Tuesday, August 2, 2011

Gastronomy of Place: Life's a Peach

Food has always held communities together, whether in the preparation and eating, or in the careful sourcing that guarantees a livelihood to local producers, good food to the consumer and a balanced economy.
Dennis Cotter, Irish restaurateur and award-winning celebrity chef

My recent reading of Locavore by Sarah Elton has committed me more than ever to choose locally grown foods and to support local farmers. 

Elton's call to arms for a sustainable food system musters consumers, chefs, and farmers alike:
On the farm, we need to move towards a holistic understanding of agriculture that takes its cues from nature, supports biodiversity and relies less and less on fossil fuels. Farmers must make a living wage and be respected for their work, something achieved by rehumanizing the food chain and connecting farmers with consumers through farmers’ markets and community-supported agriculture while at the same time developing new supply chains for institutions such as universities and hospitals. When devising our new food system, we need not dwell on the past and replicate subsistence agriculture. Instead, we can push forward to fashion something new and innovative, using our technology and our imagination to design energy-efficient greenhouses and other novel ways of producing food.

In the city, we need to grow some of what we eat and figure out how to incorporate food production into the metropolis. By connecting with the food chain, and eating well, we will be more likely to experience a cultural shift and watch a gastronomy of place take hold.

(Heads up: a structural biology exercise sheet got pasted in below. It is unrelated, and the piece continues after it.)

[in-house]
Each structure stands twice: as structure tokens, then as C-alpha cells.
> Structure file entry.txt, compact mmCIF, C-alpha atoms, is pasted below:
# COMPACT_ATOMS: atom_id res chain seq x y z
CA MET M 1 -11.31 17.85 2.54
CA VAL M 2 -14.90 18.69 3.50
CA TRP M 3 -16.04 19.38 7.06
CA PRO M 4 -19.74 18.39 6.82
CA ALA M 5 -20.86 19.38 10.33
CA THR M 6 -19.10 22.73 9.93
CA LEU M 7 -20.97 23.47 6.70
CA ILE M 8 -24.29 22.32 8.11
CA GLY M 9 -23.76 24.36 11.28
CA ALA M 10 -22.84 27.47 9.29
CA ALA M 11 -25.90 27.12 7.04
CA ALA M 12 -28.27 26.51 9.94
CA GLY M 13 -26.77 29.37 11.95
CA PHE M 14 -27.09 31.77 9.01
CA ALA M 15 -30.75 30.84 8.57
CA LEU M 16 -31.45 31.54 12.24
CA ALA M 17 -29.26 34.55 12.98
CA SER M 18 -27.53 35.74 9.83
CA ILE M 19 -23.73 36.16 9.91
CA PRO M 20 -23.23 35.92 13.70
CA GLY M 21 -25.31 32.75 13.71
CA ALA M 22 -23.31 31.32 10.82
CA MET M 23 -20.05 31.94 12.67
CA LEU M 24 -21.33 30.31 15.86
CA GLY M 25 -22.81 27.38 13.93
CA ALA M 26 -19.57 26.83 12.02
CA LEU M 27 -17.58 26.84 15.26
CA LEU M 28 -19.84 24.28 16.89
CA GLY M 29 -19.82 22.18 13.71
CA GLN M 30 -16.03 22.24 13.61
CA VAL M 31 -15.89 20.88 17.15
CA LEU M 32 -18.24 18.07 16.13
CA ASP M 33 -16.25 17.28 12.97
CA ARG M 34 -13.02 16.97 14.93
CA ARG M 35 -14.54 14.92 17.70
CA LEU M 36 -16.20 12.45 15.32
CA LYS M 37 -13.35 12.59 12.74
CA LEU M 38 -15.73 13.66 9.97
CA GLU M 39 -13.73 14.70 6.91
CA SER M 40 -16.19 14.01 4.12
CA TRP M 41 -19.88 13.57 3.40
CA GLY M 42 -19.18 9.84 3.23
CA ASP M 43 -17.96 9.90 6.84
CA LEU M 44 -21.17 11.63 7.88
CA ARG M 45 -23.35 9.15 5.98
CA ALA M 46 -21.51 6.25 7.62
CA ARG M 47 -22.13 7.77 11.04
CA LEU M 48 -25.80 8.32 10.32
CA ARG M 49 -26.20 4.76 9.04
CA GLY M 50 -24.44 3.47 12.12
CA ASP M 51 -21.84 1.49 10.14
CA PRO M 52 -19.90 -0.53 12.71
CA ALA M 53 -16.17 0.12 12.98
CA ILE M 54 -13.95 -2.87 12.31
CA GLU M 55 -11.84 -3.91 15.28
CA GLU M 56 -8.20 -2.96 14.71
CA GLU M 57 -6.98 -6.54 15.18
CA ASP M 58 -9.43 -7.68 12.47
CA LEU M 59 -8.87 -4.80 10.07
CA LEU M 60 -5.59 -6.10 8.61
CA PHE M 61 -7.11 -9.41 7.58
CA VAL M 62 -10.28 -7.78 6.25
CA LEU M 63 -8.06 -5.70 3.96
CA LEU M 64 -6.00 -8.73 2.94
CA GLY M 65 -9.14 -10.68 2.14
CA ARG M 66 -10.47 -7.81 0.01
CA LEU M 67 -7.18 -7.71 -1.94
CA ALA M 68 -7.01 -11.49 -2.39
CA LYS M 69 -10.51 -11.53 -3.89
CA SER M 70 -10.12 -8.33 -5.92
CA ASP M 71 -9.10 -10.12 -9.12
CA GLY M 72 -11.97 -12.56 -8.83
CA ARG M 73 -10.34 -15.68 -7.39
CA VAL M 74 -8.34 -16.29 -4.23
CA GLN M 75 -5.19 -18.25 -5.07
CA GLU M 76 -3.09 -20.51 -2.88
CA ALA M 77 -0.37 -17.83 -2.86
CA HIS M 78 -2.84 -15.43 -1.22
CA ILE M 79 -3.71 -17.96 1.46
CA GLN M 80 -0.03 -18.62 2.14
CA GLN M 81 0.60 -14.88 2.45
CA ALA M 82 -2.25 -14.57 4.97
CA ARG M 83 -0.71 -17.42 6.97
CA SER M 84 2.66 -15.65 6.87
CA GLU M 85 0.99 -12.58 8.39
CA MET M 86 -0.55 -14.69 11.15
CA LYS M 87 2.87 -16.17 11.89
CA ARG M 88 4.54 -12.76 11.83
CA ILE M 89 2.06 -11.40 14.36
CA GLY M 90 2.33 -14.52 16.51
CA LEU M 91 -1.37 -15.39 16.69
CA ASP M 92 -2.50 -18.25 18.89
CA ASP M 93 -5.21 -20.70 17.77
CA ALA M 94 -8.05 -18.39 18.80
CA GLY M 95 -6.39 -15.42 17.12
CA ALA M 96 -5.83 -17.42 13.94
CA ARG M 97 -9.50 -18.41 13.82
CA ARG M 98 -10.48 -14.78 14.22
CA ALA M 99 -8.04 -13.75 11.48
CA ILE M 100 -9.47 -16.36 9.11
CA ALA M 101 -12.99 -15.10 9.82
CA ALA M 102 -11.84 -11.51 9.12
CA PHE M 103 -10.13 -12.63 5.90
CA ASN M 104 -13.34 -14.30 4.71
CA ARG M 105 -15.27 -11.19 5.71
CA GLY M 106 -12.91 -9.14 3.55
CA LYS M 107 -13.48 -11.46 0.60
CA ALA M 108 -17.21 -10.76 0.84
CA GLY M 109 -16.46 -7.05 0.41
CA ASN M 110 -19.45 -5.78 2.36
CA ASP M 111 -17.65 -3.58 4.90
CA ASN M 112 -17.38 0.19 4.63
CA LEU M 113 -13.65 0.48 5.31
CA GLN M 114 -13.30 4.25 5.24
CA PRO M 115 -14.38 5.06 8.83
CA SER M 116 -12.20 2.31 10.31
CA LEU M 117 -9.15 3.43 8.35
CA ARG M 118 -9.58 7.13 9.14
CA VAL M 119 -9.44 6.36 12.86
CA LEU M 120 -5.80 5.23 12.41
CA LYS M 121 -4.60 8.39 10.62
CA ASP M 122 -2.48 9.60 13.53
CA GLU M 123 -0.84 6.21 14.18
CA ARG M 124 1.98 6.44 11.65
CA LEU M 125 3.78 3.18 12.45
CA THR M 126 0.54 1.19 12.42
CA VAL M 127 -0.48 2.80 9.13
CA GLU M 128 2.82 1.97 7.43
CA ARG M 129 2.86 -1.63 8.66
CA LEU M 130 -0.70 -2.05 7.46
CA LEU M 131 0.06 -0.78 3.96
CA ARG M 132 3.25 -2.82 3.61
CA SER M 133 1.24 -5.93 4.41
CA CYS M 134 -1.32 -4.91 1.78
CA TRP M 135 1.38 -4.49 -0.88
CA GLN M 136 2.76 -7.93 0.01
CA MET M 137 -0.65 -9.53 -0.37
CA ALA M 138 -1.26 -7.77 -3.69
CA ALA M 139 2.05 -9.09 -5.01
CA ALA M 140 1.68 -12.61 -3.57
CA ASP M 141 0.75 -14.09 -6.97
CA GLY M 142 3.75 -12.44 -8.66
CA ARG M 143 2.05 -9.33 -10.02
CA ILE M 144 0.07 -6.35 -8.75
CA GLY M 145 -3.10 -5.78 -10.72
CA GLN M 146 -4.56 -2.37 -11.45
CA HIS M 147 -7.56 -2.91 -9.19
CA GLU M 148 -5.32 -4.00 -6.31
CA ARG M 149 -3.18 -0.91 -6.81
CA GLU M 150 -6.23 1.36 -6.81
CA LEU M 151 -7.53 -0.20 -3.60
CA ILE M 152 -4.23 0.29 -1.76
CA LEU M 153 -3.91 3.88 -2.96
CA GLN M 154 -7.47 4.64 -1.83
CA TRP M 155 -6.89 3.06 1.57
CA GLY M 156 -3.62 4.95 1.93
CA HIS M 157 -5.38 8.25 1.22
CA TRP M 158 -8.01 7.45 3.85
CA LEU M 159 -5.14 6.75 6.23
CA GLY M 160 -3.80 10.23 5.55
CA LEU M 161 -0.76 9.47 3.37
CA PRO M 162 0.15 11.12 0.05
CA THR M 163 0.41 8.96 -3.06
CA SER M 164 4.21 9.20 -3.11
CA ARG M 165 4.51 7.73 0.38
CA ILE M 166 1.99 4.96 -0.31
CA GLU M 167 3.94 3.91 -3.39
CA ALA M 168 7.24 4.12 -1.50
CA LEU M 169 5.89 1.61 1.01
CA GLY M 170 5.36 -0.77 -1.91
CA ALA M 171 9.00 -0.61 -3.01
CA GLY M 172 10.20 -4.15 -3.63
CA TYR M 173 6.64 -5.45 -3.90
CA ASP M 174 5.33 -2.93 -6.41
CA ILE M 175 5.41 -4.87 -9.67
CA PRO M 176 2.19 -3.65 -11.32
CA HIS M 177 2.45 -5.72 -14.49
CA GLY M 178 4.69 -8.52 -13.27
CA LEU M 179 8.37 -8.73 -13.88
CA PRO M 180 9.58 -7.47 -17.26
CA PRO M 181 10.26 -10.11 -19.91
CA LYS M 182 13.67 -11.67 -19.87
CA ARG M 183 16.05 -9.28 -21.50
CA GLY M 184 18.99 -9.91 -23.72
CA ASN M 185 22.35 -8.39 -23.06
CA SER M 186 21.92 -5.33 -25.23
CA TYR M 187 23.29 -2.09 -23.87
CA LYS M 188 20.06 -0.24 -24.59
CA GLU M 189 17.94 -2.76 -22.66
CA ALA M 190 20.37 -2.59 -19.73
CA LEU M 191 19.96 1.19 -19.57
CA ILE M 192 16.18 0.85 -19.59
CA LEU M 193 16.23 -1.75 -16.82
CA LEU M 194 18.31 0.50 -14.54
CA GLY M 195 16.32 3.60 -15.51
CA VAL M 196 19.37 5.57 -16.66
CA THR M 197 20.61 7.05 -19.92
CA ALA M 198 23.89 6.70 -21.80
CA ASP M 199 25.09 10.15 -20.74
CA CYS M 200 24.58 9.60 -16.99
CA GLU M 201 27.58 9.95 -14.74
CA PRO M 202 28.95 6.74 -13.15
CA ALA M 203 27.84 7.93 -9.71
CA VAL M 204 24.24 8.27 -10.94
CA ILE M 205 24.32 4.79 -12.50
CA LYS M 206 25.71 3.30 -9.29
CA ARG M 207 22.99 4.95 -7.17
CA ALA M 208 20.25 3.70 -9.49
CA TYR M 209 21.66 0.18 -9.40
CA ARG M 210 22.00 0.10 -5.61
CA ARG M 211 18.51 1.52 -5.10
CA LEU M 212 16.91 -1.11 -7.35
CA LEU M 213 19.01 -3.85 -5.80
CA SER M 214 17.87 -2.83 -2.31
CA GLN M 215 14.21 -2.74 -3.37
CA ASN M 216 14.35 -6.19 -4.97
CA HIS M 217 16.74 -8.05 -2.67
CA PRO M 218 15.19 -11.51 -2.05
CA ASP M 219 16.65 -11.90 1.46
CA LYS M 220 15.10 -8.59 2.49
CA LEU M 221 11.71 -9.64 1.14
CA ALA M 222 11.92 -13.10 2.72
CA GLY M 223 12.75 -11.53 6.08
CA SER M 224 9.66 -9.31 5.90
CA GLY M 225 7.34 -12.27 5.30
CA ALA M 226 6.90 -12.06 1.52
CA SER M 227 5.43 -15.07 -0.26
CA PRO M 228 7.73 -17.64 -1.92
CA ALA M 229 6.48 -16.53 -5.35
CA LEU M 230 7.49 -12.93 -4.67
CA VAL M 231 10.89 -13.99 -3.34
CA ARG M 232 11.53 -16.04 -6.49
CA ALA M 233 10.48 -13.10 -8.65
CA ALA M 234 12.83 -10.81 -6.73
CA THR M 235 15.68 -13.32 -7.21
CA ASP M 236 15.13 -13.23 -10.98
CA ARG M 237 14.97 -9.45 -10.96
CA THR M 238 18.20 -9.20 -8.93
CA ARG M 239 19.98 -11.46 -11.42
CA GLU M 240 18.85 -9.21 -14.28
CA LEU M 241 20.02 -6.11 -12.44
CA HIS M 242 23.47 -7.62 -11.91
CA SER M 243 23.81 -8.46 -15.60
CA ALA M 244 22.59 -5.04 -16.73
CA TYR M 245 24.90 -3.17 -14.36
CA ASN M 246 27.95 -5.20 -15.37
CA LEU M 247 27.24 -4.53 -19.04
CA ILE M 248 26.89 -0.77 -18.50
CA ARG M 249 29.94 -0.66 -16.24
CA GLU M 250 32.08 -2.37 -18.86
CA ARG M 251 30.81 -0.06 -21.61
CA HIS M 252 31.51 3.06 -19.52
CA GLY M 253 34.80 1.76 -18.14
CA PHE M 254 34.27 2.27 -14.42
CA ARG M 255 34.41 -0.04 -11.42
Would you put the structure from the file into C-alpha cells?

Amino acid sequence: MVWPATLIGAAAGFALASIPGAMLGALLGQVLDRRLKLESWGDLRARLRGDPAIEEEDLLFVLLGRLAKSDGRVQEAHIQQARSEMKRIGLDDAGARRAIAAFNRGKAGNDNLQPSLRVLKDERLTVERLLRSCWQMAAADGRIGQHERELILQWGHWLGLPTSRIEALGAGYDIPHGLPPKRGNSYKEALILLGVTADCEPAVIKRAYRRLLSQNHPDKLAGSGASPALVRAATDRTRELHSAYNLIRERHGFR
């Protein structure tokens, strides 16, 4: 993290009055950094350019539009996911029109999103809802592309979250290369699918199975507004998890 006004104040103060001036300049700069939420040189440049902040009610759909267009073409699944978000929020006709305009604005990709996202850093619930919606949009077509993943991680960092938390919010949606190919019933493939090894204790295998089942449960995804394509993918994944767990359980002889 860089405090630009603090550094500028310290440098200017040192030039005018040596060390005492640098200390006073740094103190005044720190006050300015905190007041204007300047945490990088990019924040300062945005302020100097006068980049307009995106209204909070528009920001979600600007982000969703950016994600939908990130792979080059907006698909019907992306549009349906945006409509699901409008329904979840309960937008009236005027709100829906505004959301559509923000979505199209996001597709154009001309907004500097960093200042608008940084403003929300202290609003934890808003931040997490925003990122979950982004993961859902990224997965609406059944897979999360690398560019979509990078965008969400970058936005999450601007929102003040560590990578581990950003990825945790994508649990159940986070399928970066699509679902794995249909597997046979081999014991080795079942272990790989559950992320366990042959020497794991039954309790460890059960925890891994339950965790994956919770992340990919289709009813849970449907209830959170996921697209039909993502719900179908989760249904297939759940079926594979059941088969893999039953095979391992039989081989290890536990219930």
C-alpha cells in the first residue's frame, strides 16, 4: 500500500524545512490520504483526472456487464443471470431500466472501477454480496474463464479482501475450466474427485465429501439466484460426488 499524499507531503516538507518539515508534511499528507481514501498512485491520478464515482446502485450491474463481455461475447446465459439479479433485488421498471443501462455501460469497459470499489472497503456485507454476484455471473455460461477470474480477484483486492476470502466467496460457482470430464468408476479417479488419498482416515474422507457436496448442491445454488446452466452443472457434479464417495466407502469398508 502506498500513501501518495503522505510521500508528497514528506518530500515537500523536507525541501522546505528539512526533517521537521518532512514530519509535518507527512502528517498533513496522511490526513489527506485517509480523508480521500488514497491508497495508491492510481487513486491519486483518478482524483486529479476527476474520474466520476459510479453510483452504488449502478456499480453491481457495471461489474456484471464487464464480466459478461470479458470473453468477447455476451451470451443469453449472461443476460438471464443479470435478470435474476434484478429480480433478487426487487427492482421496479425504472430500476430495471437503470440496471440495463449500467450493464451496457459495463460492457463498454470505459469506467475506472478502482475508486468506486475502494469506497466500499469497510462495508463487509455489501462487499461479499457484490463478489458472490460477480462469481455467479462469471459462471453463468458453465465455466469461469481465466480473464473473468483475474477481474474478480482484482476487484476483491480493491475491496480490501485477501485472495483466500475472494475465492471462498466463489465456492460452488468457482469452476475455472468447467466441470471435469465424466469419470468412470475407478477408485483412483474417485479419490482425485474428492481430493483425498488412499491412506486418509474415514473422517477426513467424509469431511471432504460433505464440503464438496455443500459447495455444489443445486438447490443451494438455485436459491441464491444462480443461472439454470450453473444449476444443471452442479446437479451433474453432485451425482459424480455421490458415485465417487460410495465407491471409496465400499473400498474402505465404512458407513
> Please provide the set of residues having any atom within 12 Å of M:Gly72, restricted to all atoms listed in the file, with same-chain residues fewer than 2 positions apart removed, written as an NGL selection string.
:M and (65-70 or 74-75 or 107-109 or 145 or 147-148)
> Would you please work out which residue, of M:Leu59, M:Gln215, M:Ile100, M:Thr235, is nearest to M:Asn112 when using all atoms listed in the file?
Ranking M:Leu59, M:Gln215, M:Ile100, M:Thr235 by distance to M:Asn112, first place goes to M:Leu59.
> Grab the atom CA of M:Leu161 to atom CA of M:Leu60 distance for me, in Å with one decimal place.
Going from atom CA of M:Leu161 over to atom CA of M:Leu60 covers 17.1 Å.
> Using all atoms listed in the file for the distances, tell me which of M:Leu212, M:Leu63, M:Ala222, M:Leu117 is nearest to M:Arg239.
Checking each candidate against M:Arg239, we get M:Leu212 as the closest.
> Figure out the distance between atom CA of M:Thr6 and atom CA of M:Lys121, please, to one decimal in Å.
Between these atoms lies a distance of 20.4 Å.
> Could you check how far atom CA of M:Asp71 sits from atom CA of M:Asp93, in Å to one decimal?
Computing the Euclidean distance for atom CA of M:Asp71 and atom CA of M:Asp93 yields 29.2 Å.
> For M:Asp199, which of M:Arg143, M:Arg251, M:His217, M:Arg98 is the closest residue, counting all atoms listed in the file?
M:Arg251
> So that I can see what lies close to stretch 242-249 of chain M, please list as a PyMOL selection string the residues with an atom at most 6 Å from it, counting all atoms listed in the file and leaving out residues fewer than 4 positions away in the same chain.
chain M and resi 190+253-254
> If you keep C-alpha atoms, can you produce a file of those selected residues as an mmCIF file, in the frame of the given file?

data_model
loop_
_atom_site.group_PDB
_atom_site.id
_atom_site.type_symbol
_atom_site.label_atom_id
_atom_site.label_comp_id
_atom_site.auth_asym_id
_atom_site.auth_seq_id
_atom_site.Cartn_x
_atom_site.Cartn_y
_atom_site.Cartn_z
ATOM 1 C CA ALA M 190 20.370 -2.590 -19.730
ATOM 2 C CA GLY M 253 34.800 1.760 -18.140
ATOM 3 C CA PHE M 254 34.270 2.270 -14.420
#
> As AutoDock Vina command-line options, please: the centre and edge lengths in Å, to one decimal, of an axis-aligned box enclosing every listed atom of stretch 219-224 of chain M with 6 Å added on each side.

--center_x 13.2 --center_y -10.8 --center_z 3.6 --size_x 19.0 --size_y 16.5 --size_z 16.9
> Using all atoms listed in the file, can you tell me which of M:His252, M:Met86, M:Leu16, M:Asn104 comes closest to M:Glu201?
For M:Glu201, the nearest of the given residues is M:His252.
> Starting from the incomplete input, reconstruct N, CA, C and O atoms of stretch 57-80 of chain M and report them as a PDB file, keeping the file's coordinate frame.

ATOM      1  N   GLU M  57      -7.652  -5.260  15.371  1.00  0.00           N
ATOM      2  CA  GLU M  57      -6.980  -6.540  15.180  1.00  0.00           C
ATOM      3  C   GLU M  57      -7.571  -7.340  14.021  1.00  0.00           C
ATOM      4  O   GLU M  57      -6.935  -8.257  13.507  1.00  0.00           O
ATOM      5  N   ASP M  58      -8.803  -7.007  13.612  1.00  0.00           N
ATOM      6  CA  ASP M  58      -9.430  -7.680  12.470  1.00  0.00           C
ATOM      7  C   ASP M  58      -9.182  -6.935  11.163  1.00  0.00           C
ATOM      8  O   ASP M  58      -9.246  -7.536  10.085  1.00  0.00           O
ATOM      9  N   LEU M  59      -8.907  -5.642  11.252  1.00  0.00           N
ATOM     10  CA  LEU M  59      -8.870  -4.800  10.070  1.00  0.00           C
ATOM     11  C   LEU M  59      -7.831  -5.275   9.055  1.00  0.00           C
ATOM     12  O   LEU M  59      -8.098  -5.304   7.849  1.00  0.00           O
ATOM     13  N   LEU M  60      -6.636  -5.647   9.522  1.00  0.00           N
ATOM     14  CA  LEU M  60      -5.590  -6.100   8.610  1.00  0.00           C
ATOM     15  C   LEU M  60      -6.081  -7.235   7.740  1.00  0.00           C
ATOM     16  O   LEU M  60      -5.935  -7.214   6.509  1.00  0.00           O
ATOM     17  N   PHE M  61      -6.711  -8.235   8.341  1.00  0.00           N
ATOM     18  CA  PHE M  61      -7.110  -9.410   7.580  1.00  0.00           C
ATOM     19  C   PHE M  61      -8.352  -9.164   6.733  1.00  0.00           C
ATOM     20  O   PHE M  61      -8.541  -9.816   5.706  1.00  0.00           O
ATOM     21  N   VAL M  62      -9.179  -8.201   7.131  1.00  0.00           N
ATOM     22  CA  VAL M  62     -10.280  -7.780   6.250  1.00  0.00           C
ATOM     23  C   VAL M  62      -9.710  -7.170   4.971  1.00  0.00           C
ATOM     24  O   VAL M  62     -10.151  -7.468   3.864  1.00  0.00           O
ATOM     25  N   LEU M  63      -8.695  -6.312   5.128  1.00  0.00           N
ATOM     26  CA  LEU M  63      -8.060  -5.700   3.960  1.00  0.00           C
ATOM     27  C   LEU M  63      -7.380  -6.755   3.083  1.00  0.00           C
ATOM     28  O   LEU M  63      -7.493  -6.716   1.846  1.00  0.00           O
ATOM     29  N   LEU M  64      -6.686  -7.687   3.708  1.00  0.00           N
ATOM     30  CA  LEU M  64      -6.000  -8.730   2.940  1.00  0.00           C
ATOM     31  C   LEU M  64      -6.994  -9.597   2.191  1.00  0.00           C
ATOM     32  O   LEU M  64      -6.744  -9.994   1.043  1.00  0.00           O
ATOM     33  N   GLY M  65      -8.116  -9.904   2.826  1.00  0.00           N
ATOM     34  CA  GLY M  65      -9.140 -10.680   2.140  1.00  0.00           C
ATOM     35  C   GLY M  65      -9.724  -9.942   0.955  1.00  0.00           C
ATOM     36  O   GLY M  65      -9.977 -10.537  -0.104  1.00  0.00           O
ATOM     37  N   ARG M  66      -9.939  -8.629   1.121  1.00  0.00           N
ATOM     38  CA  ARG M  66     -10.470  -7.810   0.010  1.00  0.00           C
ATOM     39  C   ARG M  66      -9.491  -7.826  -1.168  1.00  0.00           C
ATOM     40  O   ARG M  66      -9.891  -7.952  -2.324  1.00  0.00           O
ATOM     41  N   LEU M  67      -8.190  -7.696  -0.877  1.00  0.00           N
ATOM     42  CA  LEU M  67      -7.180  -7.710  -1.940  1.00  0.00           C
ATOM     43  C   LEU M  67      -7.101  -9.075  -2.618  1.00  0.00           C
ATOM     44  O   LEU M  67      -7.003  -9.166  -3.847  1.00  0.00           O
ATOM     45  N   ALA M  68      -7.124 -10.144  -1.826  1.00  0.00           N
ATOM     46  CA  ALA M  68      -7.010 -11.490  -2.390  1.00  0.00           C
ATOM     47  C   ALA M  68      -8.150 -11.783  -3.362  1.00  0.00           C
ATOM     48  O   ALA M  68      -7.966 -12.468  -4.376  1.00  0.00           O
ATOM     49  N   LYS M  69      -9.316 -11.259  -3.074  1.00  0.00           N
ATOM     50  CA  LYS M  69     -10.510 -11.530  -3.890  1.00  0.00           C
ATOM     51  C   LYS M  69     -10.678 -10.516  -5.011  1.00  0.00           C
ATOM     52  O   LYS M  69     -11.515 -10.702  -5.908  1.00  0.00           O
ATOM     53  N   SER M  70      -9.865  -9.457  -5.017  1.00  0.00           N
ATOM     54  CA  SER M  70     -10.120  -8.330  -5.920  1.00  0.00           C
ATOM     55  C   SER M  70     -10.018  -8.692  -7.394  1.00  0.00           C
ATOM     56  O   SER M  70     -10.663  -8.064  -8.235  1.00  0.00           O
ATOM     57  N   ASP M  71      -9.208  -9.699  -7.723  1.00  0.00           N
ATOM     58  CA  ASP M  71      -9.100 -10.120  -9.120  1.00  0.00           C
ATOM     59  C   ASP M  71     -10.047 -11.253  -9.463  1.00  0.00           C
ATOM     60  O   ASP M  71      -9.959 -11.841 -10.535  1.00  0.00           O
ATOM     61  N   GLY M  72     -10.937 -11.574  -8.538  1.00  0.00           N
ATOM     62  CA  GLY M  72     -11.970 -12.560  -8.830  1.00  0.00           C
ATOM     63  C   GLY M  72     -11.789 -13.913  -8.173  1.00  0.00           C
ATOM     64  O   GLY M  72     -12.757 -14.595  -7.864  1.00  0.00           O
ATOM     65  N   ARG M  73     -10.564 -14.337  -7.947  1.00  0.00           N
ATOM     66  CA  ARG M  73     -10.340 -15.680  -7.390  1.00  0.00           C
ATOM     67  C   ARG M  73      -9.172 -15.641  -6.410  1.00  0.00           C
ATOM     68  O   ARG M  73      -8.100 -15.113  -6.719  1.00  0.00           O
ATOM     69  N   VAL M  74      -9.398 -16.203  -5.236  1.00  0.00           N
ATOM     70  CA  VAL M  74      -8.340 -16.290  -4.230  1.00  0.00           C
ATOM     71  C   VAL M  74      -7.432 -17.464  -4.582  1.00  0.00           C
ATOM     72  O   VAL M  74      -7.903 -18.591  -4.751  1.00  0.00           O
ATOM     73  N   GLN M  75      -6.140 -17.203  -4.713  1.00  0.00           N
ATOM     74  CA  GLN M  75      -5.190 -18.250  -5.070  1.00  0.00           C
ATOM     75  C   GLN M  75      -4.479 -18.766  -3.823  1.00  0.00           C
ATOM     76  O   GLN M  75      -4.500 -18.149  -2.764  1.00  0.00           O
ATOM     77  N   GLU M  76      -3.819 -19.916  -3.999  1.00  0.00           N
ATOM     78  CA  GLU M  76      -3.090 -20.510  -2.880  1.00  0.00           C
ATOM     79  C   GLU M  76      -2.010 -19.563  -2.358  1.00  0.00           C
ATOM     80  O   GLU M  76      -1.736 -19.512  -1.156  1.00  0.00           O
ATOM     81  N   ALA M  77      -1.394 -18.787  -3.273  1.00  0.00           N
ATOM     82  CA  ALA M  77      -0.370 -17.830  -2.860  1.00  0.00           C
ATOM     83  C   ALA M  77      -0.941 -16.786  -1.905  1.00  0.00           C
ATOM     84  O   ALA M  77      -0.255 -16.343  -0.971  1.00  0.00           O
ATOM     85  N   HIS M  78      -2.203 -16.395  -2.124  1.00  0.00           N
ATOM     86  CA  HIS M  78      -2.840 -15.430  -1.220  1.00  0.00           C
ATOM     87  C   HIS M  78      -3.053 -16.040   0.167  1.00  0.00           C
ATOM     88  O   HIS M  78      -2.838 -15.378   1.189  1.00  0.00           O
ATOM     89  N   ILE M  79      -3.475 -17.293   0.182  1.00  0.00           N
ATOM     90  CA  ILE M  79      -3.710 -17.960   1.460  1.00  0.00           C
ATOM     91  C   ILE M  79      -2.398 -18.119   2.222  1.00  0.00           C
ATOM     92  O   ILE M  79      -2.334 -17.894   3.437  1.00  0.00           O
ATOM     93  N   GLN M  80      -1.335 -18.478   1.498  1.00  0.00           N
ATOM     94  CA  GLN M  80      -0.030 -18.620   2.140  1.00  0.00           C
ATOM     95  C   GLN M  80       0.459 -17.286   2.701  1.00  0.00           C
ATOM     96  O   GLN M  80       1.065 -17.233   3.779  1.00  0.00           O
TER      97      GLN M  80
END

The Niagara Peninsula deserves a hearty 'gastronomy of place'. In my youth it epitomized the Garden of Eden, full of blossoms in the Spring and bountiful fruit and vegetables for months thereafter. I am thankful that some of the local orchards have resisted selling their rich arable land to developers and that it's still possible to buy fresh local produce along the road. The signs announcing in-season products appear to be the same as those from my youth. Even if the local farmers need to price their products slightly more than the agribusiness imports flooding supermarket displays, I believe that I'm getting value for my money.

Today I specifically wanted peaches that have just come into season so as to bake a couple of Peach Schlitz Pies, featured here last year, thankfully preserving the recipe in the blogosphere because Mom and I searched the house but could not find the recipe's original hard copy. ;-)

Procuring farm fresh peaches was an added bonus to the excursion into the Niagara peninsula which originated as a celebration of my aunt's birthday at the 13 Mountain Street restaurant. The chefs there promote 'gastronomy of place' by proudly serving local ingredients in seasonal menus, such as my very tasty Roasted Red Pepper Ricotta Brulee Tart, and pairing each item with a local wine.

No doubt its primary ingredient was an import, but I must leave you with an image of the mountain of molten and baked cocoa that comprised our Vesuvian dessert (its real name had something to do with lava but since I've been thinking a lot about Italy lately Vesuvius is all that stuck in my memory).

Elton's sustainable food system does not proscribe food sourced beyond a 100-mile radius, such as coffee, bananas and chocolate. Rather (she writes), the ideal of a strong local food economy is to eat good, healthy food that is produced with the least environmental impact. This usually means food that is produced nearby, but includes imports that are produced and transported sustainably.

Makes sense to me.


John said...

"...the same as those from my youth..."

Relax - you're still there !!


Shari said...

John, you are a peach!

John said...

...and I thought the Botox had fixed my wrinkles !